In healthy societies, basic values and social arrangements are not much thought about. They are “of course” matters expressing what sociologists call a society’s “world-taken-for-granted.” They have, however, changed since President Lyndon Johnson proclaimed “unconditional” war on poverty. This word suggested a fallacious assumption: Poverty persisted only because of hitherto weak government resolve regarding the essence of war — marshalling material resources. But what if large causes of poverty are not matters of material distribution but are behavioral — bad choices and the cultures that produce them? If so, policymakers must rethink their confidence in social salvation through economic abundance.

5. This satirical video by John Cleese from 1987 speaks to our time.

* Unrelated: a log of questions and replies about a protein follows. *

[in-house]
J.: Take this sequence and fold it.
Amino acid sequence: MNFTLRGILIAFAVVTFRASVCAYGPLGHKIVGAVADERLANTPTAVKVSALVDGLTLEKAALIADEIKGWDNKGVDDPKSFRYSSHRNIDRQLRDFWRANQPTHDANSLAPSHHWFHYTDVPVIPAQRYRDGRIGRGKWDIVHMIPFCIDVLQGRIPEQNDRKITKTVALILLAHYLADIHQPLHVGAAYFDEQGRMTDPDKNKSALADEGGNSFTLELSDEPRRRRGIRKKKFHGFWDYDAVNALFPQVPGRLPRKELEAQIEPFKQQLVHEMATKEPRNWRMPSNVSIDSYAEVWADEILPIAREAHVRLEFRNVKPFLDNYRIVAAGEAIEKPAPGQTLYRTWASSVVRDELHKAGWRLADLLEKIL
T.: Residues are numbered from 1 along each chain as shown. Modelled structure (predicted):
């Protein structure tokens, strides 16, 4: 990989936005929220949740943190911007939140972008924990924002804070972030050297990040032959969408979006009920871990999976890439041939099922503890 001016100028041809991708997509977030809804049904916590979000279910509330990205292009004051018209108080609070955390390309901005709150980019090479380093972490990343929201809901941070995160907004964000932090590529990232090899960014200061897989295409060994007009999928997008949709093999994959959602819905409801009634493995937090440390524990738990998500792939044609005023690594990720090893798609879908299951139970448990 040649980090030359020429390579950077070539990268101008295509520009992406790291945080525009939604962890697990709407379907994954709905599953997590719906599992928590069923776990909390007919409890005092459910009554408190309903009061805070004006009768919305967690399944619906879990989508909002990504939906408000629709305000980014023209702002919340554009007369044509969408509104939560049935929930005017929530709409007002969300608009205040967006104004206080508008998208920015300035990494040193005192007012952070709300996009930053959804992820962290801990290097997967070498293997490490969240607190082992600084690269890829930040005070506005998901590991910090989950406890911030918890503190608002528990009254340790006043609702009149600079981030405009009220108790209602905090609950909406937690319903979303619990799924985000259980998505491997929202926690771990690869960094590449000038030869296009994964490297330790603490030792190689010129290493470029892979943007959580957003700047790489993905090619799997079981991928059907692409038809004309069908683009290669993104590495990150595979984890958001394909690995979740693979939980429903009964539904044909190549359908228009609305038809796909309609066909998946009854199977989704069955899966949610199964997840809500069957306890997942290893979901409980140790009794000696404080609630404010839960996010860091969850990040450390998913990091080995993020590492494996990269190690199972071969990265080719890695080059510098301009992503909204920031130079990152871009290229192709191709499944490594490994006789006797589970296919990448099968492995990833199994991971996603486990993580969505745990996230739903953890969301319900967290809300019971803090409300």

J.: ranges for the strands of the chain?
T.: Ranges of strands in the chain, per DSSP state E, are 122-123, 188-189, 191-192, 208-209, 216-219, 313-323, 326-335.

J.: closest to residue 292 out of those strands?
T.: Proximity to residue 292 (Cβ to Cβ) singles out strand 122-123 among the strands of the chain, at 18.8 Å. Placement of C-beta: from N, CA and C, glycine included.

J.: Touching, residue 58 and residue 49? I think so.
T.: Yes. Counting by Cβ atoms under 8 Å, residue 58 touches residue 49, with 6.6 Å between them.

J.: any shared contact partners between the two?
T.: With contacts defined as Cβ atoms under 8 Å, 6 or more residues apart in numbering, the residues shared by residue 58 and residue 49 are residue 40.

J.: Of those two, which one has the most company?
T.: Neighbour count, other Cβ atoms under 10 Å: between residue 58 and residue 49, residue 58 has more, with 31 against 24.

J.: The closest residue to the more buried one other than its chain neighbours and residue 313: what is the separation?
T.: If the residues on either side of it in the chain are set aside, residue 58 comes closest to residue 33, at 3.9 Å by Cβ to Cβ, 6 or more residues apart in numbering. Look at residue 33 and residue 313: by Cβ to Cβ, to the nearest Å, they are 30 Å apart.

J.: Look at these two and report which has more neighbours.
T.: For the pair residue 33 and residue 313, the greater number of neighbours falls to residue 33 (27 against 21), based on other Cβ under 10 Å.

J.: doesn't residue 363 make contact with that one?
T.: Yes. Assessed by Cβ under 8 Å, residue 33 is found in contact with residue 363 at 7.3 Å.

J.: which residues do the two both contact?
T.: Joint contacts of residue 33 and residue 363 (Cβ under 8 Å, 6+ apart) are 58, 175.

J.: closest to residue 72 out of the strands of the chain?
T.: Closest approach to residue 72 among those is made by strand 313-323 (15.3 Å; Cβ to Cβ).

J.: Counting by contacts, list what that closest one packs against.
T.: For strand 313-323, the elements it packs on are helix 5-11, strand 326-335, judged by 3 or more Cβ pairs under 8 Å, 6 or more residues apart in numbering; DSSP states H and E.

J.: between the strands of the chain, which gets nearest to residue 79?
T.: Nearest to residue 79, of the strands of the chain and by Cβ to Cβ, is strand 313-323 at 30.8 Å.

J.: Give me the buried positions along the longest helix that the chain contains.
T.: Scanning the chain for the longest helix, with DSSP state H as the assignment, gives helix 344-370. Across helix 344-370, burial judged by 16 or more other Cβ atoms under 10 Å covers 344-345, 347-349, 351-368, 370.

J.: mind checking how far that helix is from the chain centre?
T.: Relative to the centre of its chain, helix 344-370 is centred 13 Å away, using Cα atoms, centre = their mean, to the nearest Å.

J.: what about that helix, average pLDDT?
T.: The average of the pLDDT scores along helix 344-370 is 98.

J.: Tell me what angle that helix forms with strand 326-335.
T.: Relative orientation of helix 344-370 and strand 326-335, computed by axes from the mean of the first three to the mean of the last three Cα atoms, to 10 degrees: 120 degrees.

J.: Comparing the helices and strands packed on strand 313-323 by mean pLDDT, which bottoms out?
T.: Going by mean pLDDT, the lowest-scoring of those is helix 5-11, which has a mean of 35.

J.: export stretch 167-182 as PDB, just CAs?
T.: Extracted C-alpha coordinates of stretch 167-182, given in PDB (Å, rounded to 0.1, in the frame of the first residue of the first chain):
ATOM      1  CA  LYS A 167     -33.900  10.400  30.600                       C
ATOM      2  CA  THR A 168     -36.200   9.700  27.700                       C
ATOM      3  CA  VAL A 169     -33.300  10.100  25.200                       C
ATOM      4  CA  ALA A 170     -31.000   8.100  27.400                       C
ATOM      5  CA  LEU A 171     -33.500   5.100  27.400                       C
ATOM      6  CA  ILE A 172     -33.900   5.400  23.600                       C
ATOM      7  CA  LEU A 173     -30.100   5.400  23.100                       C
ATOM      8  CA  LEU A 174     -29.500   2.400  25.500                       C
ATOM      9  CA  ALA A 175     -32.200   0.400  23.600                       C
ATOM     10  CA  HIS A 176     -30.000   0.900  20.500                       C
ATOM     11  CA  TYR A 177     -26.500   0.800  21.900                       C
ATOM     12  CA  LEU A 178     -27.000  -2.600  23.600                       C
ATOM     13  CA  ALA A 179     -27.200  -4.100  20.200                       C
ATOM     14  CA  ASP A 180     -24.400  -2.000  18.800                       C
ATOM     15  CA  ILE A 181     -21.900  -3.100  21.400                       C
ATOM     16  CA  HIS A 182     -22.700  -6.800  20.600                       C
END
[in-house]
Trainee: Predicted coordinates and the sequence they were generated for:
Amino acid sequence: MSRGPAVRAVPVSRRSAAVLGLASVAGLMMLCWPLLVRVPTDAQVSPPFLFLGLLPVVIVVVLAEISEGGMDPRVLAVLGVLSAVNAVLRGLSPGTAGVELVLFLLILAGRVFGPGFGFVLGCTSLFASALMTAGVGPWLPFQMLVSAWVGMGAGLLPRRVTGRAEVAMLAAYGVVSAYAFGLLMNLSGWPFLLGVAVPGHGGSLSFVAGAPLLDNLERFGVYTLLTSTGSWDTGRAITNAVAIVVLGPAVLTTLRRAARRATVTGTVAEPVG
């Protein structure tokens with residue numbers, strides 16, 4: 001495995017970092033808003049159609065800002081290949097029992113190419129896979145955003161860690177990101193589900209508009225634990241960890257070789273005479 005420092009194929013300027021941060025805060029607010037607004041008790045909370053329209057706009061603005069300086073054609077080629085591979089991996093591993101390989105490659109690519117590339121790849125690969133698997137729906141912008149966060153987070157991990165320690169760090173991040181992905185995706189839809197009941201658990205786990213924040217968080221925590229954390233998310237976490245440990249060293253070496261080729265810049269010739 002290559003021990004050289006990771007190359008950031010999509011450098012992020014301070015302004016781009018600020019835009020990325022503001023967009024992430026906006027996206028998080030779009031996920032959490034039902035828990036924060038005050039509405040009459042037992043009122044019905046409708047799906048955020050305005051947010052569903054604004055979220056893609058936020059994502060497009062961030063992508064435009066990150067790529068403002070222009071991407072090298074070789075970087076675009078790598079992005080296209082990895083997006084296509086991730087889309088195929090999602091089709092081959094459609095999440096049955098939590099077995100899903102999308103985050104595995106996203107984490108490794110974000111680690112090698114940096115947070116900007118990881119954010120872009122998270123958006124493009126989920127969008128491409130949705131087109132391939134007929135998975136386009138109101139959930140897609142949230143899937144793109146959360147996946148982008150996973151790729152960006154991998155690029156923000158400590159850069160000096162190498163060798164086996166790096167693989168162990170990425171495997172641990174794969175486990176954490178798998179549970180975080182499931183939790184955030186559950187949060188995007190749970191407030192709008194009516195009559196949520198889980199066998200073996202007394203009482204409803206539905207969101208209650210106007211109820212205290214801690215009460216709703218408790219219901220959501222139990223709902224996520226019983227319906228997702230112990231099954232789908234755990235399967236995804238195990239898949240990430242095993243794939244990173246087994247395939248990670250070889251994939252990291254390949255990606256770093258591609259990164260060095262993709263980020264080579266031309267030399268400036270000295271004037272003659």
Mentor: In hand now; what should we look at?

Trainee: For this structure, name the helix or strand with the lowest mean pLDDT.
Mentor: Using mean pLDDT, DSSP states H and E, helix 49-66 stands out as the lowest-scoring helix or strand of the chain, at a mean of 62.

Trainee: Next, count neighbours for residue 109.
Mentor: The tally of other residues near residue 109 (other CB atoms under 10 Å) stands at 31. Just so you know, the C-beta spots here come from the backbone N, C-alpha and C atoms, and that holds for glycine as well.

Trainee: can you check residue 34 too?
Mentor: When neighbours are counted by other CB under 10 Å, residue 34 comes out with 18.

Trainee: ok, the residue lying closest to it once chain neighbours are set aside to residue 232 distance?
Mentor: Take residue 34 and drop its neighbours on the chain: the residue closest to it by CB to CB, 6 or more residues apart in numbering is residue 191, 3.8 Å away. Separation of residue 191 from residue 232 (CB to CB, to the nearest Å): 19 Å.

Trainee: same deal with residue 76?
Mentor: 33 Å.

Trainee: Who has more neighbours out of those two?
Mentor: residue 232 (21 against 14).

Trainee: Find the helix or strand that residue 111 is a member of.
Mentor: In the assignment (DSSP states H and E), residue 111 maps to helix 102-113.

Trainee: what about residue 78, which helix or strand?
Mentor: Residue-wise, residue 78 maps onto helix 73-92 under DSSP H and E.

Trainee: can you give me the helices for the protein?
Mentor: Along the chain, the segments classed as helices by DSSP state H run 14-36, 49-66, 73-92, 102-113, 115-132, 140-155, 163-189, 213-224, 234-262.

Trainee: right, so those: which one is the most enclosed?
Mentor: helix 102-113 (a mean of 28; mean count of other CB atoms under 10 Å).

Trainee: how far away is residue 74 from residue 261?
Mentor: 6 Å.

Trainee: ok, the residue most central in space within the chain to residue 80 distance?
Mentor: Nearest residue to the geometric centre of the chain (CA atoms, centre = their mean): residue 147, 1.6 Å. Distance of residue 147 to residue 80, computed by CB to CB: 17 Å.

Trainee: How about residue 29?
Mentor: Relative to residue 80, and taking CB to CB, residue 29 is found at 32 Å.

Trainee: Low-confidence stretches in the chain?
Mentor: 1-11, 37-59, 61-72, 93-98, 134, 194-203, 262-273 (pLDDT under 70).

My posts around the web:

a. On Monday I had my inaugural post at The Green Room published. That platform is for those writing and discussing for the faith and work movement. My post is about the need to continue to conversation, despite the feeling we're saying the same thing an awful lot.

How many times have I cited Colossians 3:23 in my writing and wondered if people were tired of reading about working heartily for God?

It does not take too long publishing on a single topic to feel like you have already written on everything there is to be written about the basic ideas. Without defaulting to pure human interest, it sometimes feels like the theory has been beaten to death.

And yet, here was someone who was unaware of the depths of the literature on the subject of work. This individual had not read a single one of the myriad of blog posts that flood my social media feed each day, much less the carefully crafted essays that I’ve spilled out over the previous years.

b. On Wednesday, The Intersect Project ran a piece I wrote rebutting a faulty review of Ben Sasse's book.